Preparations are under way at Cape Canaveral Air Force Station for the launch of NASA's MESSENGER spacecraft to the planet Mercury. A Delta II booster carrying the probe is scheduled to lift-off on August 1 at 23:16:11 PDT (August 2 at 06:16:11 UTC), the start of a 12-second launch window.
MESSENGER team member and amateur astronomer David Dunham reports that the spacecraft should be bright enough to see with optical assistance immediately after the Delta II's third stage fires and sends the craft on its way to Mercury.
"The injection into its heliocentric orbit, performed with the Delta rocket 3rd stage, will be in daylight N.W. of Australia, but the spacecraft will then climb rapidly in height and head towards Hawaii. It will raise almost straight up over Hawaii, and then the Earth's rotation will catch up, moving the ground track west from there, over Japan, Asia, Europe, etc., gaining height and becoming fainter. But while over Hawaii, it will be relatively close in a dark sky, well placed for optical observation from Hawaii and western North America ... I think it will be 7th or 8th mag. at this part of the trajectory, around 8h UT of August 2 (the geometry will be similar, with similar timing, for the other launch dates). It will be rather fainter as it rises for other locations, but maybe still 9th or 10th mag., for Japan and Asia, maybe 11th mag. for Europe."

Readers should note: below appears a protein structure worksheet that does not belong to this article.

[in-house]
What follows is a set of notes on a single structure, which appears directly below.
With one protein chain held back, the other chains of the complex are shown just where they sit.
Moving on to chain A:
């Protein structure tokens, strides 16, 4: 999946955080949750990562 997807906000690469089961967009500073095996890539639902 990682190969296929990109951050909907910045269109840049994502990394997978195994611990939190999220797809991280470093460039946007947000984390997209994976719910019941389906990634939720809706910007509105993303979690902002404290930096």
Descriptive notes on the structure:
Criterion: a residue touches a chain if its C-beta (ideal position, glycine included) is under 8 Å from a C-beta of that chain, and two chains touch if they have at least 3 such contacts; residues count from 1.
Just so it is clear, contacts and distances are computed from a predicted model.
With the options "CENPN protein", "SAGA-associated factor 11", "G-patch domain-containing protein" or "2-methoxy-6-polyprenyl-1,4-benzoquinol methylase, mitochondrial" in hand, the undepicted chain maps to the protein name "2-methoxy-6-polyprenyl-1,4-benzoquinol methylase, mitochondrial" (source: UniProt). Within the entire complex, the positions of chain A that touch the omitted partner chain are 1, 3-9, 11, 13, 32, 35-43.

Dunham said that observers can find out where to look for MESSENGER from their location using JPL's Horizons web site at
He added "You should start the calculations at 7:10 UT of Aug. 2; any earlier and you will get an error message because the spacecraft trajectory file starts shortly after the expected separation from the spent 3rd stage rocket (you might see it, too, nearby) sometime during 7:09 UT. You can check the options that suppress output when the Sun is above the horizon and the spacecraft is below it." Select MESSENGER as the Target Body.
For MESSENGER countdown and launch status, go to:
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